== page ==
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A closer look at the Disabled Player Exception

Almost a month after Al Horford went down, and 10 days after the final day to apply for, the Hawks have been granted a Disabled Player Exception. Let's see what we can do.

Mike Lawrie

The NBA has finally granted that Disabled Player Exception the Hawks applied for after Al Horford tore his other pectoral muscle almost a month ago. What does this mean for the Hawks? Well first, let's establish the parameters for a Disabled Player Exception:

Disabled Player Exception, if you have a player get injured and is expected to be out an indefinite amount of time, a team can apply for an exception that is equal to the lesser of 50% injured player's salary or Non-Taxpayer Mid Level Exception. This exception can be used to acquire (sign or trade) a player whose contract ends at the end of the season. There is no set criteria for the league to grant this exception and it can only be applied for between July 1st and January 15th. This cannot be split, it can only be used to acquire one player and this does carry a caphold. The DPE expires on March 10th.

Half of Al's salary is $6,000,000 so a DPE for him is worth the Non-Taxpayer Mid-Level Exception + $100k (= $5,250,000 as reported). Now that we have the DPE, we no longer have any Cap Space. Oh well. However, we are able to do one of two things with our DPE:

  1. Sign one player to a one-year-deal worth up to $5,250,000.
  2. Acquire (i.e. trade for) one player with a contract that will expire at the end of the 2013-14 season and is less than $5,250,000.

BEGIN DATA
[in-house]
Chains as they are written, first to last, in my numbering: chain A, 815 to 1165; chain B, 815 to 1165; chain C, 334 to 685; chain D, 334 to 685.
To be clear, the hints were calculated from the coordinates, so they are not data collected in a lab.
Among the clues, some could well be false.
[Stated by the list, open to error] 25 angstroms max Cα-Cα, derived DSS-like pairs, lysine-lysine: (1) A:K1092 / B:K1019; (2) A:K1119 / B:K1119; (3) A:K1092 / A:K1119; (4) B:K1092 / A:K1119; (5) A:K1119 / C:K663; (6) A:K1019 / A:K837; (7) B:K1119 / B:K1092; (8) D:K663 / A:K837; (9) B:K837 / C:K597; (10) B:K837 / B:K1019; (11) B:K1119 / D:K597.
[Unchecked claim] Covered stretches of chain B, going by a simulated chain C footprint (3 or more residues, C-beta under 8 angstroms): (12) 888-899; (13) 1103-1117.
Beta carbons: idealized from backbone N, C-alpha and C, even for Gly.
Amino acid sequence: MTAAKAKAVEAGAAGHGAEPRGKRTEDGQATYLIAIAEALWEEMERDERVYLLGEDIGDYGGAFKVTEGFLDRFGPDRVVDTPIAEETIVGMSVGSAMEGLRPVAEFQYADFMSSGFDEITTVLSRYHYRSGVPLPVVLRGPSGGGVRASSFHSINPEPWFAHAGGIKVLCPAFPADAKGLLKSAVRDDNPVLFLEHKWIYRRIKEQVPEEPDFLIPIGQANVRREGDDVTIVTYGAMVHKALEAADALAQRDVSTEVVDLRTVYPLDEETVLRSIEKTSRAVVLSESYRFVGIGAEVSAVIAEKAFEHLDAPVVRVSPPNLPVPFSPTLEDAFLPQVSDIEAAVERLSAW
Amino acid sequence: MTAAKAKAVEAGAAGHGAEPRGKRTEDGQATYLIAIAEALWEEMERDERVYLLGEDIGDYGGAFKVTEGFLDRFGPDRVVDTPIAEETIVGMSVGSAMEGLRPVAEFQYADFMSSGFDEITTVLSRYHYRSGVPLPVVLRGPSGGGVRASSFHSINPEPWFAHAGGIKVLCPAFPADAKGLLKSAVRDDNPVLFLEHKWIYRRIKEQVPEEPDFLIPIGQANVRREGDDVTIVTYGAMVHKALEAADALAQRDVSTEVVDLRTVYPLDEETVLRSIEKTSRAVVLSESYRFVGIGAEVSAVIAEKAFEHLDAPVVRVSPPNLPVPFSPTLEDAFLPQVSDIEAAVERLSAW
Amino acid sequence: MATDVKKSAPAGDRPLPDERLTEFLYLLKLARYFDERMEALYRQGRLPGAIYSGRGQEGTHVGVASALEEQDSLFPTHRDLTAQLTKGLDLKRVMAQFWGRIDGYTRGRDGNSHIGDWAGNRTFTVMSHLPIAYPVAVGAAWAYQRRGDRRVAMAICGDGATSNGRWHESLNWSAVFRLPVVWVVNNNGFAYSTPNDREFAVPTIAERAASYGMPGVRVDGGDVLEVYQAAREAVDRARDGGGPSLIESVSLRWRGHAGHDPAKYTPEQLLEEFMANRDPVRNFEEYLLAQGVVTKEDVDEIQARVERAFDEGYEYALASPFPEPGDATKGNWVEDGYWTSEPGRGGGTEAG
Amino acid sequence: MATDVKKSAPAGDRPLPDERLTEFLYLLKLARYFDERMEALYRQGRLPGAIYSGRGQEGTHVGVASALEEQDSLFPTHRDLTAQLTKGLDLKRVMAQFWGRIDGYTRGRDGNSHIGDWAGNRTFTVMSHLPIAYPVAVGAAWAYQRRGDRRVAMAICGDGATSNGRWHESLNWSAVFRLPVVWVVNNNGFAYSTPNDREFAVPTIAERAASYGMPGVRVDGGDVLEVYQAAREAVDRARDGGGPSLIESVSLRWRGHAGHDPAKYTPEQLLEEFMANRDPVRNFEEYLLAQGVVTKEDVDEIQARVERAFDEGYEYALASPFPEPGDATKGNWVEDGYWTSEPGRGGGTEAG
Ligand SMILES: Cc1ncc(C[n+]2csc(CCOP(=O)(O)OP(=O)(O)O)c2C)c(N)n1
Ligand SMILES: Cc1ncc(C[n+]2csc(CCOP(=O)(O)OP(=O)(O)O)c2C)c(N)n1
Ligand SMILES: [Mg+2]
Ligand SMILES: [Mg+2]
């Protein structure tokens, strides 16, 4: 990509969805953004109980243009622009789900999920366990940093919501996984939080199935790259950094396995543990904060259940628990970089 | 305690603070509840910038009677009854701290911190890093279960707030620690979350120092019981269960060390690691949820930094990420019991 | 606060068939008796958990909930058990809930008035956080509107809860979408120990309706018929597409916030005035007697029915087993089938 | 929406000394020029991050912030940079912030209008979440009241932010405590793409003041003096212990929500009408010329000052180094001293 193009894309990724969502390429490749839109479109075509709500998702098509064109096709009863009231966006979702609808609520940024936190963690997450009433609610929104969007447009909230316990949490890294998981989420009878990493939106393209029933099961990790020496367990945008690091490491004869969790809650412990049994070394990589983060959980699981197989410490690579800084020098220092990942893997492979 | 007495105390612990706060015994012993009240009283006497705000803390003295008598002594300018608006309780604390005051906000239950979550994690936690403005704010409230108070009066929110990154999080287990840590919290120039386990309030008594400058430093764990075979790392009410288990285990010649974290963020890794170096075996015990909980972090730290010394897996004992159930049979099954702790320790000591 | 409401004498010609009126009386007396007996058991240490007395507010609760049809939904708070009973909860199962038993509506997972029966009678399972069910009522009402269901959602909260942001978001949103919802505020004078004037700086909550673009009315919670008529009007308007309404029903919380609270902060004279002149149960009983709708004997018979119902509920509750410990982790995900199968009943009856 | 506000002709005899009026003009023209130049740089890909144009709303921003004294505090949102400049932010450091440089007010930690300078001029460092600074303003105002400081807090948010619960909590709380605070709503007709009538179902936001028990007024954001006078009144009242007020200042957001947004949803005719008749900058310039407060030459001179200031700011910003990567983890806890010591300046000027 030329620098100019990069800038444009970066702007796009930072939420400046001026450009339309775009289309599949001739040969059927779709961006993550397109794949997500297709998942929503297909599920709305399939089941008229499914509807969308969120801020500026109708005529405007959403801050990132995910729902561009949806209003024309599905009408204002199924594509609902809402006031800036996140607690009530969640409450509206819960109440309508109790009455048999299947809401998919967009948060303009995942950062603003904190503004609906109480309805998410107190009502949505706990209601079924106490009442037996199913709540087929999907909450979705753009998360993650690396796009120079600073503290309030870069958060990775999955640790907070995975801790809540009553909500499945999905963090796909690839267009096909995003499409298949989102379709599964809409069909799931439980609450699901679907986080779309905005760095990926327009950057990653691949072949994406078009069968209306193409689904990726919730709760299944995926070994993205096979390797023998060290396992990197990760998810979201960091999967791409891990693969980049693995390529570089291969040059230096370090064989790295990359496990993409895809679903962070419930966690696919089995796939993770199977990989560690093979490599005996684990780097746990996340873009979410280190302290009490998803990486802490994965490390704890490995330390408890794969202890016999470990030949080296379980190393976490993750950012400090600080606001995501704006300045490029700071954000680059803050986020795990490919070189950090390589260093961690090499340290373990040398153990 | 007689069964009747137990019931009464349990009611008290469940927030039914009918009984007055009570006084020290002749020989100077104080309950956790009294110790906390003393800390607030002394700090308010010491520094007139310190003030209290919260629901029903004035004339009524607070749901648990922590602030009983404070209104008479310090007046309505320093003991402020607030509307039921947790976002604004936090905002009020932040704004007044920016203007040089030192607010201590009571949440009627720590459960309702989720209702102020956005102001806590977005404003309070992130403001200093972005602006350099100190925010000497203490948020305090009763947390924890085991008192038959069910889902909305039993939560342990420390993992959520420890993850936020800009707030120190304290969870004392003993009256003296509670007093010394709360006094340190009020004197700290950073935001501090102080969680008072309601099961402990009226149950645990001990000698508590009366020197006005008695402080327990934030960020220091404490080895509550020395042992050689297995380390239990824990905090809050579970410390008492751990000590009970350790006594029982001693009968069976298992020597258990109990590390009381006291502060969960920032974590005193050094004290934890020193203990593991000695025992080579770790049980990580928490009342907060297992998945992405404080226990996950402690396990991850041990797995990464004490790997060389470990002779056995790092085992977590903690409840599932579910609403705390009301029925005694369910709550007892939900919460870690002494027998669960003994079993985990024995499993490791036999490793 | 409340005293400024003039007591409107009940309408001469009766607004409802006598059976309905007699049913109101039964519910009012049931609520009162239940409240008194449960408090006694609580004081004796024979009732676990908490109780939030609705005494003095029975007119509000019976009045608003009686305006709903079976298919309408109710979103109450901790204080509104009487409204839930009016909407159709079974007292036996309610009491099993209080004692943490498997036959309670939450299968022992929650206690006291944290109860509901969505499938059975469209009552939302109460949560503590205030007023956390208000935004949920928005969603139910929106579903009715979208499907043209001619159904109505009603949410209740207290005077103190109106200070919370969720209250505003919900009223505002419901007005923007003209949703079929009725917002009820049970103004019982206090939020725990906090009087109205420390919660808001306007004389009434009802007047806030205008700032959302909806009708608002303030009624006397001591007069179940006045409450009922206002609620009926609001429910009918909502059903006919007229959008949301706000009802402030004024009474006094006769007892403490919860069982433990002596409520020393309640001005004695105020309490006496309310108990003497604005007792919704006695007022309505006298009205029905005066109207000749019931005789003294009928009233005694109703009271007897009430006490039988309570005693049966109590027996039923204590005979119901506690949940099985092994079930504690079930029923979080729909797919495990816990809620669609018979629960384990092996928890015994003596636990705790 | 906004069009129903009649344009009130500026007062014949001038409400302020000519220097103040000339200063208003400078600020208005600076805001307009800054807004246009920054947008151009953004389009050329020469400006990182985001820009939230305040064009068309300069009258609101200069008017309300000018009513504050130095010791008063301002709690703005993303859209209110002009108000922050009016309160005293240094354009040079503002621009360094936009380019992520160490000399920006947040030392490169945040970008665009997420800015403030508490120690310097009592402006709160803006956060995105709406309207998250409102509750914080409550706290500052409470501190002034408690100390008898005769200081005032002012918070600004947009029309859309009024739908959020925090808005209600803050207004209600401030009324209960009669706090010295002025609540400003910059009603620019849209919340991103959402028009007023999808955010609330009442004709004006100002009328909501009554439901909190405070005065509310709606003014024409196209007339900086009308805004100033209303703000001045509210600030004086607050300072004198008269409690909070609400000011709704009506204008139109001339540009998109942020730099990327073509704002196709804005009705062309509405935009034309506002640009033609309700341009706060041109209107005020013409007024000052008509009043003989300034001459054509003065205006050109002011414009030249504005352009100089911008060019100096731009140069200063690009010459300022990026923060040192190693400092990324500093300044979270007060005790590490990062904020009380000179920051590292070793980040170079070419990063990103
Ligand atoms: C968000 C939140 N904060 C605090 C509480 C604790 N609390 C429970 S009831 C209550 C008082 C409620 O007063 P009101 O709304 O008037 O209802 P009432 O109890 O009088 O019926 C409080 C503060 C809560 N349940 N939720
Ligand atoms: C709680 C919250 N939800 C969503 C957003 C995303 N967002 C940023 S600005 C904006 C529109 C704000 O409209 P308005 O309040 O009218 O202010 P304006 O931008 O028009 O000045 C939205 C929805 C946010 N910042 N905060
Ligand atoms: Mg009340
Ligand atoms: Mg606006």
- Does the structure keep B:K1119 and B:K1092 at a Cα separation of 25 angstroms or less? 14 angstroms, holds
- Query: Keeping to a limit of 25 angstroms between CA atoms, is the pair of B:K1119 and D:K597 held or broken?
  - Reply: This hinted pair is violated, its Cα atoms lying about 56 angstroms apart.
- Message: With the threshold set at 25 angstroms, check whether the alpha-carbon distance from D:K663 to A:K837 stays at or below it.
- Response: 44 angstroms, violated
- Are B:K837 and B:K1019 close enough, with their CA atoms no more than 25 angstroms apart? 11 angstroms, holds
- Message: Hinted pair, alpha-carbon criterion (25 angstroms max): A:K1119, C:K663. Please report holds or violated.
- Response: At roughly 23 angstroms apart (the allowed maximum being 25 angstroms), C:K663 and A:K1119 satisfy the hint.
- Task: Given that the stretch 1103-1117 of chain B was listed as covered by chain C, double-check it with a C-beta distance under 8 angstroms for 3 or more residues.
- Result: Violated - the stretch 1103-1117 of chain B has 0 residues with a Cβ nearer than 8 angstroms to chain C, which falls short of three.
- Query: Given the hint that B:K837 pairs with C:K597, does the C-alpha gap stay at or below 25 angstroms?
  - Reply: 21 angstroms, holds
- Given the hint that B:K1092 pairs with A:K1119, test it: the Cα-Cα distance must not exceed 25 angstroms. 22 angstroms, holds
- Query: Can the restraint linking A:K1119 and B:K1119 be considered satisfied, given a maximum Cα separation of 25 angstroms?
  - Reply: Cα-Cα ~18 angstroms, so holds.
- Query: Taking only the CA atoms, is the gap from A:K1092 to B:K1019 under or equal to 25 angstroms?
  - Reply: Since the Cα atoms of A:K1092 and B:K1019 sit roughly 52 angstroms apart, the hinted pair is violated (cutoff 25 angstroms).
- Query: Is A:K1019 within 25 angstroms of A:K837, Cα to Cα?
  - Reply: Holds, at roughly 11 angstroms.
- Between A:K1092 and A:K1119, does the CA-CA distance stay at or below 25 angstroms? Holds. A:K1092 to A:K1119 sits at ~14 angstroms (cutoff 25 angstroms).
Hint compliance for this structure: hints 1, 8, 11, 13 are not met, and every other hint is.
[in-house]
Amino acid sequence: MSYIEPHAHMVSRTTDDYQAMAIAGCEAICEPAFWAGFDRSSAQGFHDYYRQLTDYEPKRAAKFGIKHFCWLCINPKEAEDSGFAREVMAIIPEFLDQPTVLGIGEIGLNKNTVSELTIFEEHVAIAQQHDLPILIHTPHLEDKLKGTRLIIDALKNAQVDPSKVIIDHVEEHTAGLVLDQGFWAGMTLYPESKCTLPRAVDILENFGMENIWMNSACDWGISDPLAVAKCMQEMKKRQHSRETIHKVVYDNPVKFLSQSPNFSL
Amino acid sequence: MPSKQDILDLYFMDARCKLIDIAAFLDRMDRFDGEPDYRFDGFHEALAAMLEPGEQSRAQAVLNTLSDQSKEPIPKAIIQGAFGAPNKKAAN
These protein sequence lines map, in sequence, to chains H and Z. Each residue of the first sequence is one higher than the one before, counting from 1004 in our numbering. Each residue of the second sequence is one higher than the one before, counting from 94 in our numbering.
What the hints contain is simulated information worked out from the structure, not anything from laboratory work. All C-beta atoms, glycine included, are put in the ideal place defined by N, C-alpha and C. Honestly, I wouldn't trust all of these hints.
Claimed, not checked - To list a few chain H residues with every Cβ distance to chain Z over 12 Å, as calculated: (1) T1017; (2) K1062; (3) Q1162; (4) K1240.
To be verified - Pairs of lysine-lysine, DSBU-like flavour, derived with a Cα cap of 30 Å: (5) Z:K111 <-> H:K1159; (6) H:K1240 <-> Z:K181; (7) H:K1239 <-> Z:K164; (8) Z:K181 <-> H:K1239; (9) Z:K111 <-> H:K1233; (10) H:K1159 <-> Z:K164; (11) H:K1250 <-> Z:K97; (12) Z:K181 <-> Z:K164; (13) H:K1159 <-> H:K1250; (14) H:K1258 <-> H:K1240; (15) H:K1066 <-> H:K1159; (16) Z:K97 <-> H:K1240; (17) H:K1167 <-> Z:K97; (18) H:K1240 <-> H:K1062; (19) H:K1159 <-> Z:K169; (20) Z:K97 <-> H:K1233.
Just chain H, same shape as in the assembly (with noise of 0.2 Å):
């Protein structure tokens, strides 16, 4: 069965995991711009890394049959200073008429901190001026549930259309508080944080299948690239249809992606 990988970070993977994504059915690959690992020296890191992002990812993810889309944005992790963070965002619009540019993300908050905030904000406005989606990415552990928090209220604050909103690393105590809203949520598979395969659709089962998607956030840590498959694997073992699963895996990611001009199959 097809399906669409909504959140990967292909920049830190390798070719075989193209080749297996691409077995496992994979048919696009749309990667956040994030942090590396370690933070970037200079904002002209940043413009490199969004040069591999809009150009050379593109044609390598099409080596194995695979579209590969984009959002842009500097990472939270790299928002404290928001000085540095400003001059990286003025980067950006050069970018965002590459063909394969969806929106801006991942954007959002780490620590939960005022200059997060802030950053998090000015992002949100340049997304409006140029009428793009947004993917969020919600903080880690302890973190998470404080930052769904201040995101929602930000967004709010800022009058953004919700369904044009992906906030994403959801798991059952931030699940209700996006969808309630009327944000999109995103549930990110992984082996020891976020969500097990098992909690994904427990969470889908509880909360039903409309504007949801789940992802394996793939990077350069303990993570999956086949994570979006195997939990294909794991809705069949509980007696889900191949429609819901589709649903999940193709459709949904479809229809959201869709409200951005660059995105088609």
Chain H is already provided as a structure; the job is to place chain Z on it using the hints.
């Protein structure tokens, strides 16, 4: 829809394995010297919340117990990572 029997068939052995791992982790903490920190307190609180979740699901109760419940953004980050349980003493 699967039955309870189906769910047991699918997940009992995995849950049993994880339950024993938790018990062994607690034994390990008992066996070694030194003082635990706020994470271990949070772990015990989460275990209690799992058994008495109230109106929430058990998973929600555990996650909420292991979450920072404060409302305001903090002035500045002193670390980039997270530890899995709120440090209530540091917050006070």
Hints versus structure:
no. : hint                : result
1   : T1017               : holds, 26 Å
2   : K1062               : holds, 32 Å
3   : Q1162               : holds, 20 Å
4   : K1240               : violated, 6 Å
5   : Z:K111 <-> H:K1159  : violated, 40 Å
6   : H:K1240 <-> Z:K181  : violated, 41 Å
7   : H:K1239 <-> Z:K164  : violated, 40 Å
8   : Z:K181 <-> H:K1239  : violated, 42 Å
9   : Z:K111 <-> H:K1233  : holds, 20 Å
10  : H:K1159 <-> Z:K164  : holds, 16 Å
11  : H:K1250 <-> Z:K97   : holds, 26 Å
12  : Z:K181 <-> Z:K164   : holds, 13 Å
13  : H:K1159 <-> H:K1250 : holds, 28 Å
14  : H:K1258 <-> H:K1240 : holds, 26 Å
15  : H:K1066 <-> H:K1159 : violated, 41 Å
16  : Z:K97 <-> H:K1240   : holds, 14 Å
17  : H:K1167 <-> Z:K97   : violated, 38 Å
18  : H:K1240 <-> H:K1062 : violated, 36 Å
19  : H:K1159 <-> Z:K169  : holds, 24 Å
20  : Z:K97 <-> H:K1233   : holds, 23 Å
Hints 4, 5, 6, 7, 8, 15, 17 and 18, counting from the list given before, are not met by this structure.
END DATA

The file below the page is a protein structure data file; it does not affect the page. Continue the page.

The first scenario is pointless seeing as the free agents available won't command a deal worth up to $5,250,000. And even if they did command a high salary, then the Hawks have their Room Mid Level Exception available which is worth $2,652,000. The Hawks would have signed said free agent already, so let's move on to the more important scenario.

Atlanta can acquire a player with a contract that does not extend beyond the 2013-14 season and is less than $5,250,000 with the DPE. So, who might this list include? Well, you can take a look at all players who could have their contract expire at the end of this season at the new Basketball Insiders website. It is important to note that if a player has a Team or Player Option for the 14-15 Season, then they could be traded to the Hawks if said Team or Player Option is declined before (or during) the trade.

The important aspect with the DPE is that we can add ONE player whose salary this year is less than $5,250,000 and expires at the end of this season. We can trade away picks/players no problem in this exchange as we will not need an exception for that. Said other team may need an exception to acquire our players, which could conveniently be filled by their use of a Traded Player Exception (i.e. whoever they send out they can received up to 150% + $100k in return unless they are over the Luxury Tax or send more than $9.8m out).

For the ambitious ones that want to involve multiple players or teams, remember that we need an exception in order to take on any contracts that take us over the cap. In trades, this is the Traded Player Exception that is scaled by outgoing salaries. The DPE is another mechanism that can help us bring in more salary that the Traded Player Exception would not allow us.

Having the DPE does not imply that we will use it, but it is always nice to have options available.